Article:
Here we go again. Listen to your parents. 60s and 70s. Black Sabbath and Dire Straits. Bee Gees and Fleetwood Mac. Eric Clapton. Just a melting pot of ideas. What goes through my mind is both the fact that I belong to the lucky generation who grew up listening to all these guys, but also the fact that as a parent myself, I and most of the baby boomers, have influenced a new generation which is why we get to hear all this new music with rich and magical links to the past. Oh, bliss! From Ocean Alley’s perspective, they don’t deliberately pick an influence, they allow the influences to subliminally reflect the values which are embedded in all the influences of their childhoods and youth. How lucky we are….
Now I put the younger man to the test: the guitar work on the last track, Luna, reminds me of Danny Kirwan (but I guess it’s Angus at work there). Hmmmm, I’ve got him there. But I thought you liked Fleetwood Mac? Yes, he’s a big fan of Lindsay Buckingham and Stevie Nicks (I cringe). But it’s Angus and Nick who know the 'real' Fleetwood Mac of Peter Green, Jeremy Spencer and Danny Kirwan. I’m giving something back. Mitch, you have to get to know Kiln House from 1970, my favourite Mac album which is mainly Danny Kirwans work, and a little rockabilly from Jeremy Spencer. It’s really evident on Luna, which Mitch tells me is the last song they wrote, with the idea of finishing the intro idea with an outro. Well, more than that. I reckon some of Danny Kirwan’s ashes have sprinkled on Angus and left an indelible footprint on the sound. Intimations of immortality. There’s hope for us all. (Peter Green is still alive, so maybe he’s getting through some other ocean alley)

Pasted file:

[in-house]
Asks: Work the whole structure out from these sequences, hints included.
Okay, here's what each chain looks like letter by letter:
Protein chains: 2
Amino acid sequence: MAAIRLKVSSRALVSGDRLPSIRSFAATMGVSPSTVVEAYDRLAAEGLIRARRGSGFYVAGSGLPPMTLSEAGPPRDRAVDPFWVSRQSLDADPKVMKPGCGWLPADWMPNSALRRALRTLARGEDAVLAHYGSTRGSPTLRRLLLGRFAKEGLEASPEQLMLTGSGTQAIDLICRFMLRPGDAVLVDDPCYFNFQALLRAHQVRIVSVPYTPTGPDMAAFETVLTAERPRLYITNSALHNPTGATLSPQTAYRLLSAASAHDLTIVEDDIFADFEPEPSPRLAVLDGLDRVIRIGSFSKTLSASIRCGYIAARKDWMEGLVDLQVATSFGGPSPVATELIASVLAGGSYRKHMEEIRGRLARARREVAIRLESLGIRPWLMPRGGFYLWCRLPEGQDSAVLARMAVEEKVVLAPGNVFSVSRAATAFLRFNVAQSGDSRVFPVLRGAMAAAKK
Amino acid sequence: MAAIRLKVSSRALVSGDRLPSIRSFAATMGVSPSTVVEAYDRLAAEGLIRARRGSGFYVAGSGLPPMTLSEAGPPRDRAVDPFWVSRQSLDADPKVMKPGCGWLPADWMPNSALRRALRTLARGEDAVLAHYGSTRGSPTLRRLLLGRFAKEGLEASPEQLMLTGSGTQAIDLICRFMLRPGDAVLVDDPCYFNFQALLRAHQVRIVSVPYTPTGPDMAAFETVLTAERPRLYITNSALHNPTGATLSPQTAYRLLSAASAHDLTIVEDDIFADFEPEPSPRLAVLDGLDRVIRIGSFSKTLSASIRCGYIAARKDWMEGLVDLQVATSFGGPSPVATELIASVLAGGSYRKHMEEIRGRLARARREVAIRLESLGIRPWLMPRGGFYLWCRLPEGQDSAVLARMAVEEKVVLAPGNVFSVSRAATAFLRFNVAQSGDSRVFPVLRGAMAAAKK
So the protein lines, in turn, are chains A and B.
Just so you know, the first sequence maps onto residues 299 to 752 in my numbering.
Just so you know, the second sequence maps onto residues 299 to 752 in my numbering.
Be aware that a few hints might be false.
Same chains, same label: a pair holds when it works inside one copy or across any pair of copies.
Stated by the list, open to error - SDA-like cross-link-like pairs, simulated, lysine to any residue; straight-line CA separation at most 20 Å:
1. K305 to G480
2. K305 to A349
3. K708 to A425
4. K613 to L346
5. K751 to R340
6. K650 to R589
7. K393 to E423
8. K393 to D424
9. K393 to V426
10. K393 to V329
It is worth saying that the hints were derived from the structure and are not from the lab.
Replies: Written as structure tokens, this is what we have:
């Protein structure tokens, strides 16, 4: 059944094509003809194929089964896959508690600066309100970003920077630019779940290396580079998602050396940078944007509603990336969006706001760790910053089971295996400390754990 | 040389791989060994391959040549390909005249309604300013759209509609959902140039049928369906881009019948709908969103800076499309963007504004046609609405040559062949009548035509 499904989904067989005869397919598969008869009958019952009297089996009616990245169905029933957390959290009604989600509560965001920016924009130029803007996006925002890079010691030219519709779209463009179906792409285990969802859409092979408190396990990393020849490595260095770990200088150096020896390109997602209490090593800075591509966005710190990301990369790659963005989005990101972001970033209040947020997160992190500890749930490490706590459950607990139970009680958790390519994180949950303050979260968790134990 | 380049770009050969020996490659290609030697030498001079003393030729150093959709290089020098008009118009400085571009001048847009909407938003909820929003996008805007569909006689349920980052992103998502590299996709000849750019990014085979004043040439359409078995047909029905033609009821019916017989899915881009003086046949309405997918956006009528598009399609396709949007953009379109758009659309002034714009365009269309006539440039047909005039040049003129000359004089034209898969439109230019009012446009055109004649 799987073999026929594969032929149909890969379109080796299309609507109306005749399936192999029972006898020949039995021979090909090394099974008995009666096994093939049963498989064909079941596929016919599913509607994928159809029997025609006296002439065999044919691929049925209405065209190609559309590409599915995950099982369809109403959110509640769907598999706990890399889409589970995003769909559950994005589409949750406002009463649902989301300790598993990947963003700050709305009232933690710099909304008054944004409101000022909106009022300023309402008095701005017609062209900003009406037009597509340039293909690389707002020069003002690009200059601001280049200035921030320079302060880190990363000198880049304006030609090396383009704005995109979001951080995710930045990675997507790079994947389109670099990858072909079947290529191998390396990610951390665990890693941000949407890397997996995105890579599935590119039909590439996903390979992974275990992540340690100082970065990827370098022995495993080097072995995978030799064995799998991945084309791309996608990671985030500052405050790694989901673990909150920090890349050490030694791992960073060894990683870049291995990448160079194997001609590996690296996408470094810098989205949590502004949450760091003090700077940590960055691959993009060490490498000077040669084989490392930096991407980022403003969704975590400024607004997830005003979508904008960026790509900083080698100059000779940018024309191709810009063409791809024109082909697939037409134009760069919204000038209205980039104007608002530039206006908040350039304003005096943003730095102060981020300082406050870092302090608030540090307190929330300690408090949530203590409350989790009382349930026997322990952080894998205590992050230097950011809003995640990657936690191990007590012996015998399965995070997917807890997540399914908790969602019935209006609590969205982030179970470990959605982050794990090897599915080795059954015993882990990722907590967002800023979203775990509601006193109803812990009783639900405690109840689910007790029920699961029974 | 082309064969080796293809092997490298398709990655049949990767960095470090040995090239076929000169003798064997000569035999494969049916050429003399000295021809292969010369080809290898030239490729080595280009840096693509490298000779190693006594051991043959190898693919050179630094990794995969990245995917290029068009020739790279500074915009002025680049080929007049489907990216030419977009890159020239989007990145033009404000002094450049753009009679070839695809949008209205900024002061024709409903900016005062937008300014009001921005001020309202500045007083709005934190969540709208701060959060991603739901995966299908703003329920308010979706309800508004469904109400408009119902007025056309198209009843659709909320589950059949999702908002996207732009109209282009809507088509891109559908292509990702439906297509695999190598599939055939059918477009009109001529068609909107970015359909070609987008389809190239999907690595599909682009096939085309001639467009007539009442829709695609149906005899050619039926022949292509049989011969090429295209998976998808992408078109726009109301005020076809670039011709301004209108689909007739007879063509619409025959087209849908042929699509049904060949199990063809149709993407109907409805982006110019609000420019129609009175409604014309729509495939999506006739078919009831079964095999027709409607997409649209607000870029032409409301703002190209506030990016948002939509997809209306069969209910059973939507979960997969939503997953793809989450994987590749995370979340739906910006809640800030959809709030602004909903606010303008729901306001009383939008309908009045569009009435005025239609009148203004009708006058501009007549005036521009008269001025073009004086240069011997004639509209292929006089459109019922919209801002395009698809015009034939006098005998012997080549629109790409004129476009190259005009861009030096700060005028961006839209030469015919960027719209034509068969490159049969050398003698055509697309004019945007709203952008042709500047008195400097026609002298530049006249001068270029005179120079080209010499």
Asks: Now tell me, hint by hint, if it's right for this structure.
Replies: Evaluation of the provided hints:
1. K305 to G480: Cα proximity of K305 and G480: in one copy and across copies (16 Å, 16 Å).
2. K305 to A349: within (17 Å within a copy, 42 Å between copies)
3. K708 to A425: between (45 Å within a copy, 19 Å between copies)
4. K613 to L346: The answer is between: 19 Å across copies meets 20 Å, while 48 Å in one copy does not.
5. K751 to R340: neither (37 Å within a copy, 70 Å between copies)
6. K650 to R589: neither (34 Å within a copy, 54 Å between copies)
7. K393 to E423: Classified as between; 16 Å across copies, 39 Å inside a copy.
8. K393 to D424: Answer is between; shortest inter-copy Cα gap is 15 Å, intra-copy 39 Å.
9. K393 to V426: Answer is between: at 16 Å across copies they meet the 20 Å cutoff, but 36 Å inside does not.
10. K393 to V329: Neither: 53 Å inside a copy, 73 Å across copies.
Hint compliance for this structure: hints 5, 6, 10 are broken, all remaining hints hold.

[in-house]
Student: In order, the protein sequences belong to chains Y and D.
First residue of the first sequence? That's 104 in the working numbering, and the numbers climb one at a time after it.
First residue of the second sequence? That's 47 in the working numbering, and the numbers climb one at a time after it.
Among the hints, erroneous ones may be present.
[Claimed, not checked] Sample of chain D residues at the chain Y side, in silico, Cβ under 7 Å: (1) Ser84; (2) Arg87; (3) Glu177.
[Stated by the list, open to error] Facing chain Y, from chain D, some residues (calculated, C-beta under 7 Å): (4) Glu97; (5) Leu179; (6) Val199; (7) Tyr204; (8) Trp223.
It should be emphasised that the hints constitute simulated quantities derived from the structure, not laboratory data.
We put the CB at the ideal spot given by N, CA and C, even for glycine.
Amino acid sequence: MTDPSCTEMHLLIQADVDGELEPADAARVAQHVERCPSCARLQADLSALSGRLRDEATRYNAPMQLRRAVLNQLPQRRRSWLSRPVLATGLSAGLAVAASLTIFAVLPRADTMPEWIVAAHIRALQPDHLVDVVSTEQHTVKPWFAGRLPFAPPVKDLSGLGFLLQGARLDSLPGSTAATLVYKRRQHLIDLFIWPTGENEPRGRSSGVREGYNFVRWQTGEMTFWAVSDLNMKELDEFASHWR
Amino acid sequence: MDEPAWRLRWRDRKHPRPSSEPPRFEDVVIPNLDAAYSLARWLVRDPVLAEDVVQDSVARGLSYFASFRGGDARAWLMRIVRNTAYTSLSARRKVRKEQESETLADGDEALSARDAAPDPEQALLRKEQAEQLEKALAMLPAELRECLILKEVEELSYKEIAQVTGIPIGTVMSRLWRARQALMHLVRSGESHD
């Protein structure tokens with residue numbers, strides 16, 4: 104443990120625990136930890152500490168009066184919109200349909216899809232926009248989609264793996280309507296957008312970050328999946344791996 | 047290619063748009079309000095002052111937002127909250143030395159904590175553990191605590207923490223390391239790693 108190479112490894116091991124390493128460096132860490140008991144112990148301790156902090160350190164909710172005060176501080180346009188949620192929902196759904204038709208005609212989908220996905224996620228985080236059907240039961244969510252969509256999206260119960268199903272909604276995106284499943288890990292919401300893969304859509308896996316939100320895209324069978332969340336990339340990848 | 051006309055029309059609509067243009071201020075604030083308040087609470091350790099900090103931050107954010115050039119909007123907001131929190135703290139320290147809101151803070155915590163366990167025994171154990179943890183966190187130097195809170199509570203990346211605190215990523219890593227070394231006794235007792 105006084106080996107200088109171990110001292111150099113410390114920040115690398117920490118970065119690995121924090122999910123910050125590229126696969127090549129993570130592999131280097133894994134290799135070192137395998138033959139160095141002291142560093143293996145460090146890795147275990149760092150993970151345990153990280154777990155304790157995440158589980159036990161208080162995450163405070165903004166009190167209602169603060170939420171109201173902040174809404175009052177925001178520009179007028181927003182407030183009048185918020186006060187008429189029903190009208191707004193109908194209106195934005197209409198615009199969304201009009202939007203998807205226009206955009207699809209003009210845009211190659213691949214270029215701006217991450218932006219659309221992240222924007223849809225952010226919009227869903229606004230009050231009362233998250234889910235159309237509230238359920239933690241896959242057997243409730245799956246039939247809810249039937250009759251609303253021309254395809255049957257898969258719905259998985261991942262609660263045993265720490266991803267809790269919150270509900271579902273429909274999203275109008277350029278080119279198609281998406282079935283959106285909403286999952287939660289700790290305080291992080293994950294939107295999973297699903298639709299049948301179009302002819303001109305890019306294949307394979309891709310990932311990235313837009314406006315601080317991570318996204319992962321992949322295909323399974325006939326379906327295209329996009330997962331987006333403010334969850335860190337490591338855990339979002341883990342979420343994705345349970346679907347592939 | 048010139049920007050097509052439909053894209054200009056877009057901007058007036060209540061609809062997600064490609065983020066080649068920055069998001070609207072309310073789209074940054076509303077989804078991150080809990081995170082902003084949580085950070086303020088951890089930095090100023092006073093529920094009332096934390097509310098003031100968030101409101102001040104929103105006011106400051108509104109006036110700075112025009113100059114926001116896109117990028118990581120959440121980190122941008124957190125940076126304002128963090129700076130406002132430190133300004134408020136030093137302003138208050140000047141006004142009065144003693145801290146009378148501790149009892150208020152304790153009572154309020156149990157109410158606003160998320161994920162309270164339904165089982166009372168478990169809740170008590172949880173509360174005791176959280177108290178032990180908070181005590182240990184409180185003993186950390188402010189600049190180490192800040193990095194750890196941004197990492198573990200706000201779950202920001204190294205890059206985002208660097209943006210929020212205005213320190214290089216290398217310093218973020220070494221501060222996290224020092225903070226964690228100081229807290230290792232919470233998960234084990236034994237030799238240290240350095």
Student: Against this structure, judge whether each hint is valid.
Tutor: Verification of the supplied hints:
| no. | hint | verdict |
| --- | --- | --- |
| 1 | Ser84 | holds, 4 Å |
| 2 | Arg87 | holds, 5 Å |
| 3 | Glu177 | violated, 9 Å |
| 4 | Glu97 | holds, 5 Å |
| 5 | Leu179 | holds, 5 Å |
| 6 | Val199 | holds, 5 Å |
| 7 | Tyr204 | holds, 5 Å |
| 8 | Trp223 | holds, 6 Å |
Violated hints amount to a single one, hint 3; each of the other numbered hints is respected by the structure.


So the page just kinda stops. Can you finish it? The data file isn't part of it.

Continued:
My final question is where do you think you will be, as a band, in ten years?
Easy, no hesitation, still doing what they are doing today. Still making music for people to like.
And do we like? We certainly do…..
The album opens with Dahlia, a funky two-minute instrumental which sets a scene of promise to come. Tombstone demonstrates their essential cruisy, moody, psych rock style, with vocals slightly fuzzy and back of house. “landed on the right stone, at the wrong time”
Way Down bursts forth like a Wishbone Ash ( check them out Matt), but then they get into their rhythm and it’s wonderfully retro to an aged individual like me, and I can sense the Fleetwood Mac influence, but, which one? Pre or post Buckingham? Watch this space….. Infinity starts with another Wishbony/Buckingham intro and funks it up until it suddenly stops. Which infinity isn’t meant to do.
The album now slows down a touch as Baden’s voice goes up a notch into Up in There, up there in dreamy psych land, poppy as well, and comes down once it’s All Worn Out. A little horn section comes out of the ether.
Back into cruise mode looking through Stained Glass, “that’s why you shouldn’t take drugs” proves my earlier point.
The title track echoes of the Little River Band. Lonely Diamond, another song which has been polished up in the process of recording which Matt has described earlier. But this diamond shouldn’t be lonely, there’s a host of them on this record.
The songs flow. It’s a day at the beach, breeze blowing, laid back summer afternoon. Every day. Wet Dreams must be about sleeping on the beach in the rain. What else could it be? Hot Chicken revs things up, like the other ocean, Ocean Colour Scene, another obviously not so obviously subliminal influence. Another school day for Matt.
And then it happens, twice. Along comes Peter Green and Danny Kirwan, channeling through Angus as he intros into Puesta de Sol. And then we are done, as the outro, Luna, completes a stunning set of songs. And maybe I’m wrong, there’s more Peter than Danny, as I dive deeper down an ocean alley and rest in my case.
Ocean Alley’s third album, Lonely Diamond is out now. Don’t keep it lonely. Buy it for company.
And, breaking news, it will be accompanied by a 12-track visualiser set to premiere this Sunday on YouTube (9pm NZST) with the band jumping online for a live chat.